“At a time when South Africa is in crisis, the constitutional role of Parliament has been severely undermined today, and the real issues that matter to South Africans have been forgotten,” DA Parliamentary leader Mmusi Maimane said in a statement.
“While Parliament has been turned into a circus this evening, tomorrow the nation’s electricity crisis remains, unemployment remains, and crime continues to plague our communities.”
The DA walked out of the National Assembly before President Jacob Zuma could carry on with his state-of-the-nation address following disruptions by the EFF.
The official opposition wanted presiding officers to confirm whether police were used to remove the Economic Freedom Fighters from the House but its questions were not answered.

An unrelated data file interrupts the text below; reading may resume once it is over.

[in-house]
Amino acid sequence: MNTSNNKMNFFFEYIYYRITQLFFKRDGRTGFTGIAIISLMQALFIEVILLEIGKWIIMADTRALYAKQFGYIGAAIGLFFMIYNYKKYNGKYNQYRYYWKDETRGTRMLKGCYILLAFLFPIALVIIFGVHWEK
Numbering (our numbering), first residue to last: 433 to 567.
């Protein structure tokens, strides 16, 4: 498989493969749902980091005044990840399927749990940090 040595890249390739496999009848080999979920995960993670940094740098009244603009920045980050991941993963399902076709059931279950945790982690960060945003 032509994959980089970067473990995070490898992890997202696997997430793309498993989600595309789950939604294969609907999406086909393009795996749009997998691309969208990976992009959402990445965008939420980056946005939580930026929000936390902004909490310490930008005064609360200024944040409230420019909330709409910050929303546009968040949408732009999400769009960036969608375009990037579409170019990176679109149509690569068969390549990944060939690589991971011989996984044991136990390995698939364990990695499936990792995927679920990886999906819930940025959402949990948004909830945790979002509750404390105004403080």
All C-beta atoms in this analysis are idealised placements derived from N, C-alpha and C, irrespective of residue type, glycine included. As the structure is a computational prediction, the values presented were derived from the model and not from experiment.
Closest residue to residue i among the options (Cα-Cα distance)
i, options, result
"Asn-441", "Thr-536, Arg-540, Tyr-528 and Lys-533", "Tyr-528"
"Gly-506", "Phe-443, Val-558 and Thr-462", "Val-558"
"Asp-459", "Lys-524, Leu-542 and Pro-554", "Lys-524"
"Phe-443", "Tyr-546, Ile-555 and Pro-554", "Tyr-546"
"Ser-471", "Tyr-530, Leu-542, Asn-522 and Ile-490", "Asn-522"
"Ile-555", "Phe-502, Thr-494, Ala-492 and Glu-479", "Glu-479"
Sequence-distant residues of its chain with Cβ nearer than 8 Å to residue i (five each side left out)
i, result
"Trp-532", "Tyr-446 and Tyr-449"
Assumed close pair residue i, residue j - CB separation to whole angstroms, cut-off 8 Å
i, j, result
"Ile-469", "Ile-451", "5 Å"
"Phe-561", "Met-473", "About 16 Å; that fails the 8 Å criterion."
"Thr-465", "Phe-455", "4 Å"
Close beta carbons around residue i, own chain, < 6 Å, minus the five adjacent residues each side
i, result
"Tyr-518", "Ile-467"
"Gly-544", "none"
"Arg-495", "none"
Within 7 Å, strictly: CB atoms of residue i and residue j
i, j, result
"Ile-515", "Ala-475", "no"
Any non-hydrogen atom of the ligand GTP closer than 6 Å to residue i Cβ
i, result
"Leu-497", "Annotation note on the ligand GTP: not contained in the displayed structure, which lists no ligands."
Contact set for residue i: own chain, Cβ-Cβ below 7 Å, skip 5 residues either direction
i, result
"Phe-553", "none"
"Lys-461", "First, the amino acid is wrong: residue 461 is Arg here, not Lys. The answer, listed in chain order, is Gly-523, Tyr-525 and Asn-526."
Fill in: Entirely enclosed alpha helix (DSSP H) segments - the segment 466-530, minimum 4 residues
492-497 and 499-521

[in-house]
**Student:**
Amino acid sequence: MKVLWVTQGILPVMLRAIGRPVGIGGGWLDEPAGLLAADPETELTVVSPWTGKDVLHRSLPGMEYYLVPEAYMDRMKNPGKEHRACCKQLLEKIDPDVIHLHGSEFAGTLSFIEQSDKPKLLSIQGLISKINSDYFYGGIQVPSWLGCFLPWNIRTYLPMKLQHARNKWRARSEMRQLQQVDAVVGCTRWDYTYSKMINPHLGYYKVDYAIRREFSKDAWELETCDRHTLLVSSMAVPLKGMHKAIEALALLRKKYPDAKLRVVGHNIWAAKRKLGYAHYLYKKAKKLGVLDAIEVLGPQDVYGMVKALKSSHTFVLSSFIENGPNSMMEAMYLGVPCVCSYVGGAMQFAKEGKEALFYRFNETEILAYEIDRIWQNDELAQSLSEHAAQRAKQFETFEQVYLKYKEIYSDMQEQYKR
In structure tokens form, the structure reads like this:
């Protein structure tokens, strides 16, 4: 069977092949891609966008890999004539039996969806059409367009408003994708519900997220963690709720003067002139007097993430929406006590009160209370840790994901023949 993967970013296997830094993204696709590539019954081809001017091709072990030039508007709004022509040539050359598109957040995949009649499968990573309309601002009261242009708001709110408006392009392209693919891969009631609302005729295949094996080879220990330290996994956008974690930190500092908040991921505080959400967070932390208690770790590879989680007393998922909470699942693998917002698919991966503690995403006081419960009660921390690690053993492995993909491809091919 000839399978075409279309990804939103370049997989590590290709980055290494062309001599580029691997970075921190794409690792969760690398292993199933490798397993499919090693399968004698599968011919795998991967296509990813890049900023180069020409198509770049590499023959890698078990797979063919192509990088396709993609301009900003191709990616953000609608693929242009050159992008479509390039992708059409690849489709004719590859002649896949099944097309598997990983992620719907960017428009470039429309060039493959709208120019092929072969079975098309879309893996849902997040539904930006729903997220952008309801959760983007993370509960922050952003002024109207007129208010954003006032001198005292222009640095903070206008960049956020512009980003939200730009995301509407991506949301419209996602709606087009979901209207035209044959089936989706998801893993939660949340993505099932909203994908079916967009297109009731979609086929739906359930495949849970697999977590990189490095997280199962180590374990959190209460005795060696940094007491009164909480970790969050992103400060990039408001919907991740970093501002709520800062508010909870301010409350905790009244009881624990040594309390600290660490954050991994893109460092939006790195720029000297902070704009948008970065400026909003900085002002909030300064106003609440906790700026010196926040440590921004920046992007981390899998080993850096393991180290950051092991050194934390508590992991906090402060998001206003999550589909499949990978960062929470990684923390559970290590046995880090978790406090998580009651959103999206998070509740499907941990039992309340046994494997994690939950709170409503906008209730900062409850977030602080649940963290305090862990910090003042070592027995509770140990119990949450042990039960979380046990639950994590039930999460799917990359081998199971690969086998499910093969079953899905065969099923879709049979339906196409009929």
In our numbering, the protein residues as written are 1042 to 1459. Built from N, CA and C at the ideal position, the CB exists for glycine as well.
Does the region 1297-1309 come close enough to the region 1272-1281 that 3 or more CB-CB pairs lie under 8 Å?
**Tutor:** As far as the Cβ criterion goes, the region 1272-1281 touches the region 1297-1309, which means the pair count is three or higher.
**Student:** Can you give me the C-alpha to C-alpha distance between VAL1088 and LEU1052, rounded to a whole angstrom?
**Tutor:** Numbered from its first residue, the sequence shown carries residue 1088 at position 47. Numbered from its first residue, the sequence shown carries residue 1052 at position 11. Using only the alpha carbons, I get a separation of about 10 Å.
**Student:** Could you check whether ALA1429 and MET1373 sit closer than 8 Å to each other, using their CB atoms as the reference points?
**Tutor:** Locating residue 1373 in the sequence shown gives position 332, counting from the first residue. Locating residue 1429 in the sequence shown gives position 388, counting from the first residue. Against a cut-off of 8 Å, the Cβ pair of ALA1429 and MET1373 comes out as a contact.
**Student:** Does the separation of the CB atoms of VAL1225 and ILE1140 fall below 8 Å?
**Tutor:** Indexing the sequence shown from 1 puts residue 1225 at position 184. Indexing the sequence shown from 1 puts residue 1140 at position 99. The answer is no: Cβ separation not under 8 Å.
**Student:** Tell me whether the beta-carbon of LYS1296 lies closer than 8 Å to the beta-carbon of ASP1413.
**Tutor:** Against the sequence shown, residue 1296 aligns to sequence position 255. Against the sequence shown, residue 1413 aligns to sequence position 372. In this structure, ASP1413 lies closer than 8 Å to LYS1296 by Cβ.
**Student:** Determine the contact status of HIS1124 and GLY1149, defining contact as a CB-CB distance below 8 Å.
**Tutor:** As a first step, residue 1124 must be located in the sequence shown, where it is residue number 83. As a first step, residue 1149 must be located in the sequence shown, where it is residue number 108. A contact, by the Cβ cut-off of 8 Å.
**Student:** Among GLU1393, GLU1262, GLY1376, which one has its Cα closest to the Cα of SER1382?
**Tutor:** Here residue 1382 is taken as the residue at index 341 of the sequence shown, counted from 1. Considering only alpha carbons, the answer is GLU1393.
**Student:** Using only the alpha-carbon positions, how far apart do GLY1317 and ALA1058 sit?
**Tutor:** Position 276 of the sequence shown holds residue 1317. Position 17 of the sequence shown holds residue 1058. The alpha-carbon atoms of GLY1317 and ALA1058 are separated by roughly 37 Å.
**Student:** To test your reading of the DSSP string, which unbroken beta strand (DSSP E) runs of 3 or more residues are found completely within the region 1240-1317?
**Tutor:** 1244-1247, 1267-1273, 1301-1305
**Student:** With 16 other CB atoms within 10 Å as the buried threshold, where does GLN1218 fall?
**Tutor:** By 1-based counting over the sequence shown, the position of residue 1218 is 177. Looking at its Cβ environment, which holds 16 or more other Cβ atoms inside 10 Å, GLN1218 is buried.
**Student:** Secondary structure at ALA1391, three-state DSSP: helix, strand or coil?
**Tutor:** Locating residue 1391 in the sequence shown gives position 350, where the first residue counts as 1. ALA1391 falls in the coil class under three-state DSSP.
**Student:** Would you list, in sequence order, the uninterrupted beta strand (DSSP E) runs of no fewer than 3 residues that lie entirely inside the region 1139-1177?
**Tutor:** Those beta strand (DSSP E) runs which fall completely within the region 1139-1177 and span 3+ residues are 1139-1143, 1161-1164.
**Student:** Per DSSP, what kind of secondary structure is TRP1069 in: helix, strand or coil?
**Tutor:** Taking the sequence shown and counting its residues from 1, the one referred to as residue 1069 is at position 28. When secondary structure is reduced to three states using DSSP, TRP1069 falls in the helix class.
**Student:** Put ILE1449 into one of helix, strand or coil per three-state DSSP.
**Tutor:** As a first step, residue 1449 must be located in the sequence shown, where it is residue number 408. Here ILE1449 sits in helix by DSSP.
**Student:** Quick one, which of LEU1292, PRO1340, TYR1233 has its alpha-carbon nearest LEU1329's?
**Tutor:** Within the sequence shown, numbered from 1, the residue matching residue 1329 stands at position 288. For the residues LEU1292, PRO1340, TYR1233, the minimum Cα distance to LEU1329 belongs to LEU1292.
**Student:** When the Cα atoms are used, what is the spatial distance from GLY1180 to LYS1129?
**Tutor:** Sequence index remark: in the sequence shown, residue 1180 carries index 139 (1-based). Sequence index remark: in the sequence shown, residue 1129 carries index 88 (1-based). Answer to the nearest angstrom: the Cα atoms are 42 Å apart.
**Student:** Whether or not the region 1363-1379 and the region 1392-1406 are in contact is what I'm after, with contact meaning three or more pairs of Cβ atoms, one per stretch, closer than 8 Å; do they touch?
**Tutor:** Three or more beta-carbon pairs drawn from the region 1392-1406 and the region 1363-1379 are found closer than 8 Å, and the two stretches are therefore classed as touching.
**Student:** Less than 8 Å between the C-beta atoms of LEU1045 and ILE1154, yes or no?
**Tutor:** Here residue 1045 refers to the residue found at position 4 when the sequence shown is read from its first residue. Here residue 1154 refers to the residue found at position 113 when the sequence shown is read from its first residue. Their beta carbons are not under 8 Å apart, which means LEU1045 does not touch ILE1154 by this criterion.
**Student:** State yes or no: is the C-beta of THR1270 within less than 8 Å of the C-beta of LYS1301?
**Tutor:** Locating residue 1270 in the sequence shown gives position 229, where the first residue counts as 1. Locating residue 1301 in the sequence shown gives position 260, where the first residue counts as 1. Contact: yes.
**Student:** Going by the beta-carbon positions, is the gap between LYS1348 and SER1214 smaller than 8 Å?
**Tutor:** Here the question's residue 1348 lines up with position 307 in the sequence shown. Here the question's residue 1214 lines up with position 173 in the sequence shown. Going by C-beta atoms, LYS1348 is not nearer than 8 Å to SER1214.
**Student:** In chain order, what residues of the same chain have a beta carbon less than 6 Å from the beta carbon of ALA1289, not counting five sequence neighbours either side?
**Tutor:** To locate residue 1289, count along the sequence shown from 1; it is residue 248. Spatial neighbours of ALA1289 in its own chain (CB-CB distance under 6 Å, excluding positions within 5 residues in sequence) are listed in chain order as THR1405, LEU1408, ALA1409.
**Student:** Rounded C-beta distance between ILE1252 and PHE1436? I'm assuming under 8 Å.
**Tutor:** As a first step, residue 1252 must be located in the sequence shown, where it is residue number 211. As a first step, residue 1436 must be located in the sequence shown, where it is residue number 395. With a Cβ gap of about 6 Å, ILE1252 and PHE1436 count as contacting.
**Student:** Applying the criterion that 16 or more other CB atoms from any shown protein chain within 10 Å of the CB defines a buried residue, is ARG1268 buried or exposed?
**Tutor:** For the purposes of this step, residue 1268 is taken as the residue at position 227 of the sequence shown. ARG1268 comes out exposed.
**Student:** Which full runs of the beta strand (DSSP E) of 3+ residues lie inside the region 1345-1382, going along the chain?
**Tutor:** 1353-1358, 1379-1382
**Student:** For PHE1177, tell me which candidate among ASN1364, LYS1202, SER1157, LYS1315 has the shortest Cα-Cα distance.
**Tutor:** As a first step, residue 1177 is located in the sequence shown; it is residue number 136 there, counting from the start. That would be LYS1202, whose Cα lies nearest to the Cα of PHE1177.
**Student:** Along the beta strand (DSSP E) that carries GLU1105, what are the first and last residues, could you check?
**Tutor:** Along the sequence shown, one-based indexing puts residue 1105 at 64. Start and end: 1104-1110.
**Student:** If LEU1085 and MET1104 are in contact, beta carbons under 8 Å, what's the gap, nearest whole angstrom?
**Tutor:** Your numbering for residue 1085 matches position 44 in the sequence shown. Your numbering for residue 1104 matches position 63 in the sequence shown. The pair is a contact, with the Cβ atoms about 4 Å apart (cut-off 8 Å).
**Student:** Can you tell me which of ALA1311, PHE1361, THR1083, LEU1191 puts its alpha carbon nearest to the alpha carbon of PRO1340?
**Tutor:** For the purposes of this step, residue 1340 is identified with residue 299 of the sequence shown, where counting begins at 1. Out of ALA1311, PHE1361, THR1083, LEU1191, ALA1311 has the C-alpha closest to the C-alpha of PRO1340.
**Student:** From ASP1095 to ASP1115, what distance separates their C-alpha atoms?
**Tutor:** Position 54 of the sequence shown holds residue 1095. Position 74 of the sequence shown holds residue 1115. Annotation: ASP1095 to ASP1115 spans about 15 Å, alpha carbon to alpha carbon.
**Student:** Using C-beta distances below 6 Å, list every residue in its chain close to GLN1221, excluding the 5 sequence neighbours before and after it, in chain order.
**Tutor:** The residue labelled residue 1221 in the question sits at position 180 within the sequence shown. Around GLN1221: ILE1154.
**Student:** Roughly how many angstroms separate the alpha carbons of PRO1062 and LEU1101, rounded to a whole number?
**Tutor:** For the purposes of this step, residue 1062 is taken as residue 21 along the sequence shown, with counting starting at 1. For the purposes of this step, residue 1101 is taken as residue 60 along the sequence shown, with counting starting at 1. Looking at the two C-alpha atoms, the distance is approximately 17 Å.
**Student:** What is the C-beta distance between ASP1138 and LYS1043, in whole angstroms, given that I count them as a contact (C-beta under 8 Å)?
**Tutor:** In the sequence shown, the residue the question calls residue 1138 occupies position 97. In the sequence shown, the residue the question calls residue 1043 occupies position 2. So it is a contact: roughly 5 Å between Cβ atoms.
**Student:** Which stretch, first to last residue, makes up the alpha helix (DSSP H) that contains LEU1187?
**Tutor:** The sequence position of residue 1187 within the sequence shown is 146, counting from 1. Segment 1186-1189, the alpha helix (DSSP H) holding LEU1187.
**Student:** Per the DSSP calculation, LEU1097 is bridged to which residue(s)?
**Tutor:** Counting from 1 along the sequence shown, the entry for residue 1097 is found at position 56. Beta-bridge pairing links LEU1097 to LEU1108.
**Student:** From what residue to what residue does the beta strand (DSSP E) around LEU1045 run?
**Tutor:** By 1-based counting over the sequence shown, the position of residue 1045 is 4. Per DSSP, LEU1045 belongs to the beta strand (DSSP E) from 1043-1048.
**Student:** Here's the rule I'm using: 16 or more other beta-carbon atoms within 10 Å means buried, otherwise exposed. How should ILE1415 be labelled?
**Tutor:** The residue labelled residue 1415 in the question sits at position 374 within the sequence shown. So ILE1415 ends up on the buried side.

“By calling armed South African Police Service officers into the chamber to remove MP’s, the Speaker [Baleka Mbete] has violated the constitutional principle of separation of powers,” Maimane said.
“There is an important difference between the police and parliamentary security — one reports to the executive and the other to parliament.”
He said Parliament’s work could not be suppressed by security forces and police were not allowed to interfere with the work of political parties.
Mbete tried to get EFF members to sit down but they insisted that Zuma answer their questions about security upgrades to his private home in Nkandla, KwaZulu-Natal.
Maimane said the EFF was wrong not to abide by Mbete’s ruling however armed police should not have been called.
“The parliamentary security should have removed them.
“But calling in armed police was a violation of the constitution that the DA cannot tolerate,” he said.
Thursday’s sitting was “nothing short of a disaster, and an insult to South Africans”.